China’s prisons and detention camps now have the capacity to lock up one million Muslims

By | July 21, 2021

BuzzFeed News reports:

For the first time, BuzzFeed News can reveal the full capacity of China’s previously secret network of prisons and detention camps in Xinjiang: enough space to detain more than 1 million people.

BuzzFeed News calculated the floor areas of 347 compounds bearing the hallmarks of prisons and internment camps in the region and compared them to China’s own prison and detention construction standards, which lay out how much space is needed for each person detained or imprisoned.

Earlier estimates, including one extrapolated from three-year-old leaked government data, have suggested that a total of more than a million Muslims have been detained or imprisoned over the last five years, with an unknown number released during that time. Our unprecedented analysis goes further, showing that China has built space to lock up at least 1.01 million people in Xinjiang at the same time.

That’s enough space to detain or incarcerate more than 1 in every 25 residents of Xinjiang simultaneously — a figure seven times higher than the criminal detention capacity of the United States, the country with the highest official incarceration rate in the world. [Continue reading…]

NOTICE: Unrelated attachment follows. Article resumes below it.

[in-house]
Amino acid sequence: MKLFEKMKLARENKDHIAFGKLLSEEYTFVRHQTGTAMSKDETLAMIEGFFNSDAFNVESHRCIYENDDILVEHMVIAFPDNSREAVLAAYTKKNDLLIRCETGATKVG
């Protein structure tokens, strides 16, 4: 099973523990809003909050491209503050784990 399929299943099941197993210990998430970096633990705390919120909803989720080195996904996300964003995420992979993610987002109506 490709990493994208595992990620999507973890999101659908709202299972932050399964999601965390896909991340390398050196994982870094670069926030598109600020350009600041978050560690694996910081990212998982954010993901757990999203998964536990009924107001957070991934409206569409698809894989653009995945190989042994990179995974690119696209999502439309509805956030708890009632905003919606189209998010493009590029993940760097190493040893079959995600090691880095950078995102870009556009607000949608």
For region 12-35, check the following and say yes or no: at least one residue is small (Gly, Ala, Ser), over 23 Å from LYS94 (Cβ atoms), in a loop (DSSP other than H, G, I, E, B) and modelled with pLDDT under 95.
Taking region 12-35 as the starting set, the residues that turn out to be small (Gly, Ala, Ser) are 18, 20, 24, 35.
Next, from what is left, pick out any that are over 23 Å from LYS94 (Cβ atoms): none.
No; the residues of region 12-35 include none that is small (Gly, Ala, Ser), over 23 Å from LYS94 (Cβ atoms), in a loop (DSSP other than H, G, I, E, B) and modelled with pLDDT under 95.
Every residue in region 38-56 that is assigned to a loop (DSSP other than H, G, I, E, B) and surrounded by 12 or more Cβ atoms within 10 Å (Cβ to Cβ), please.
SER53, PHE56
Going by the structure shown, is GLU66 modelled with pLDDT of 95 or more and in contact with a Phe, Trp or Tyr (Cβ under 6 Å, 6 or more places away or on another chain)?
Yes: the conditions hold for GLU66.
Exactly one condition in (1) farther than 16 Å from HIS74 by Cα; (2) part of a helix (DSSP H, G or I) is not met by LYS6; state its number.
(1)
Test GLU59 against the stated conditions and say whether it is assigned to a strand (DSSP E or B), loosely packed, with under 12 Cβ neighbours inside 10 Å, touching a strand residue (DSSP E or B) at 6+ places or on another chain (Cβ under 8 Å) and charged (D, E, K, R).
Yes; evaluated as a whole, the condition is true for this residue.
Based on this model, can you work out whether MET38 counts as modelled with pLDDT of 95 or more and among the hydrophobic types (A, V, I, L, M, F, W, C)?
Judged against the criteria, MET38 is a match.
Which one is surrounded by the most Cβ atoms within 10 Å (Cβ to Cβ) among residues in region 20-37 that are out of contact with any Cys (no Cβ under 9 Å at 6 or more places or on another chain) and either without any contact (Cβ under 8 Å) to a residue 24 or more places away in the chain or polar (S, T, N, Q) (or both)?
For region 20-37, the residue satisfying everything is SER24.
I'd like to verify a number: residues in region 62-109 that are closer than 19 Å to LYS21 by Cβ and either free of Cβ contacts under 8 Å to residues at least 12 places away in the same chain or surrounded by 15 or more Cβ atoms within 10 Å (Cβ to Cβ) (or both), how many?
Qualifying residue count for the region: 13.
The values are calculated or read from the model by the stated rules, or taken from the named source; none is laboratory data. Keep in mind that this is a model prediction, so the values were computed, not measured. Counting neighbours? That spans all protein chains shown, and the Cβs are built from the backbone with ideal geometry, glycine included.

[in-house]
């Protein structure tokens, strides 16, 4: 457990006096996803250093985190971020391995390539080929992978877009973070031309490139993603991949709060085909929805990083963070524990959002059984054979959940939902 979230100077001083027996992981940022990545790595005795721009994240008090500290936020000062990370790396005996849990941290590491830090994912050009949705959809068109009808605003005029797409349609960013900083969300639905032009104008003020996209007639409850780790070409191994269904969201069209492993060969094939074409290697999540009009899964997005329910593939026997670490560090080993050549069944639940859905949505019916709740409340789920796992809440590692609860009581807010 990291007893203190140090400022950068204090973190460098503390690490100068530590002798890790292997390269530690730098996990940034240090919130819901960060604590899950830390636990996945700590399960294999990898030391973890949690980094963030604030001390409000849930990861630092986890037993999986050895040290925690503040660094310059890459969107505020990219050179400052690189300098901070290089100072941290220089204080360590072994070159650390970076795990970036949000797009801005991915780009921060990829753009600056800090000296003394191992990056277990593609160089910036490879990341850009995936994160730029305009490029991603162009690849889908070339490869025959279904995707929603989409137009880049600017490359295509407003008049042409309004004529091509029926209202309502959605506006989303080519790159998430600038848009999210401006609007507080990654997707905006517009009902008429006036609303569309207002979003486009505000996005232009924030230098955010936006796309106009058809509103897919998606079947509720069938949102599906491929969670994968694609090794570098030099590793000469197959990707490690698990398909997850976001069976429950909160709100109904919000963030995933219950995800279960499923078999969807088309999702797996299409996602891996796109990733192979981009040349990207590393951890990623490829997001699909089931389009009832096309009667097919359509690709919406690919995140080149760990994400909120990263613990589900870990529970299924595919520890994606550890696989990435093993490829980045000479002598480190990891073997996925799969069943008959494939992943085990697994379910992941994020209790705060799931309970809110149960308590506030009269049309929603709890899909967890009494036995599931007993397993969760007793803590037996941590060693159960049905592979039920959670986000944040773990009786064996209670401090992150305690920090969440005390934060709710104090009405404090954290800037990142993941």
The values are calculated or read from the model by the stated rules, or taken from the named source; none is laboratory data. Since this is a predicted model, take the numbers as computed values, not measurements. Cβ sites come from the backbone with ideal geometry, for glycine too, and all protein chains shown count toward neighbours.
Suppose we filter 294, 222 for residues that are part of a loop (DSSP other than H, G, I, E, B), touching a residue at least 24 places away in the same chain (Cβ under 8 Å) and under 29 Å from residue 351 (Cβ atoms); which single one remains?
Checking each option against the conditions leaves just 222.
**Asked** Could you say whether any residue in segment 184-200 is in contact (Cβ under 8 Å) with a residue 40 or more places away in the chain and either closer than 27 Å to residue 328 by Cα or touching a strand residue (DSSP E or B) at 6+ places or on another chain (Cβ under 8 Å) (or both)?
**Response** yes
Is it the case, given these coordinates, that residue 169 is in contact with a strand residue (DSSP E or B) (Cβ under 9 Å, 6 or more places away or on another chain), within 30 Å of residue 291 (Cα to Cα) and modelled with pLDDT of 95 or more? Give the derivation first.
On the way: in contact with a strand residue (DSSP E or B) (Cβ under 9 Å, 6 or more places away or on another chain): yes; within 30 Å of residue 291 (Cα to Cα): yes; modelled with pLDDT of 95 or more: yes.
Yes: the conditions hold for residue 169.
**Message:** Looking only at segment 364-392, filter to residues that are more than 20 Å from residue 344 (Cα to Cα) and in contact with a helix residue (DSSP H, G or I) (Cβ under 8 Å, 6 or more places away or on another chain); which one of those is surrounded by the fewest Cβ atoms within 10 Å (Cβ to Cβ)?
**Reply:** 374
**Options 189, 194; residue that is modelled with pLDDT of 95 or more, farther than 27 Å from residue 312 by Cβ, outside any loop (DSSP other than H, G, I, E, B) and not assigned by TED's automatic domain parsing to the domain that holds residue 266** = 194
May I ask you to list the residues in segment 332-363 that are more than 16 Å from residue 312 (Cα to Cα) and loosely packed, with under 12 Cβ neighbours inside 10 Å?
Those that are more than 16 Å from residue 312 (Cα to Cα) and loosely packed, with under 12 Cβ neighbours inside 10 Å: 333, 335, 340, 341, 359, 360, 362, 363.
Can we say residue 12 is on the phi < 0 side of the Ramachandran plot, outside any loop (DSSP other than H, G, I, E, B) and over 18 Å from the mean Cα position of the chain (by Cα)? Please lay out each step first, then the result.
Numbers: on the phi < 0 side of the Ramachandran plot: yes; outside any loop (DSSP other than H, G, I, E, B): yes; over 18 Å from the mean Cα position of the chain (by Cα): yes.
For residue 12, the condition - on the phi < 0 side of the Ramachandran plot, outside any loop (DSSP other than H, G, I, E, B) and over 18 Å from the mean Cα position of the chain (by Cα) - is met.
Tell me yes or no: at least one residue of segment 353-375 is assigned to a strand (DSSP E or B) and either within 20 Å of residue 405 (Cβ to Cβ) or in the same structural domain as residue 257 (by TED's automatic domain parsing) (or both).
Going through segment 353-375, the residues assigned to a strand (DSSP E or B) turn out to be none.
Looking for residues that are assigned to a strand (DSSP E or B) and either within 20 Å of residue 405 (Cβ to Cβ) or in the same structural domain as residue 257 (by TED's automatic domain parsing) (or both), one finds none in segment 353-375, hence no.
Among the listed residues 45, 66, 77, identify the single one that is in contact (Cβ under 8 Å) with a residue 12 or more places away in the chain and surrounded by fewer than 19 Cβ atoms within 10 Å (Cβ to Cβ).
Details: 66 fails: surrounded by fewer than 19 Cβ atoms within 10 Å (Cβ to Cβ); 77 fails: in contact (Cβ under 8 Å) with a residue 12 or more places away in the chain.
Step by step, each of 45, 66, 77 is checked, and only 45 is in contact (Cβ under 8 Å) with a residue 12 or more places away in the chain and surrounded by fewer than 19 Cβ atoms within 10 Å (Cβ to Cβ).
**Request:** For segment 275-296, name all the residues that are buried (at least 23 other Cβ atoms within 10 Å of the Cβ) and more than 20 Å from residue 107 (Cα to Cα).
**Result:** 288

The New York Times reports:

The American company Eastman Kodak has deleted an Instagram post featuring images of Xinjiang, a western Chinese region where the government is accused of grave human rights violations, after an online backlash from Beijing’s supporters.

The post was promoting the work of the French photographer Patrick Wack, who made several trips to Xinjiang in recent years and has collected his images into a book. The project received a lift last week when Kodak shared 10 of his images — all shot on Kodak film — with its 839,000 Instagram followers.

In the Kodak post and on his own Instagram account, Mr. Wack described his images as a visual narrative of Xinjiang’s “abrupt descent into an Orwellian dystopia” over the past five years. That did not sit well with Chinese social media users, who often object vociferously to Western criticism of Chinese government policies. In addition to deleting the post, Kodak apologized for “any misunderstanding or offense” that it might have caused. [Continue reading…]

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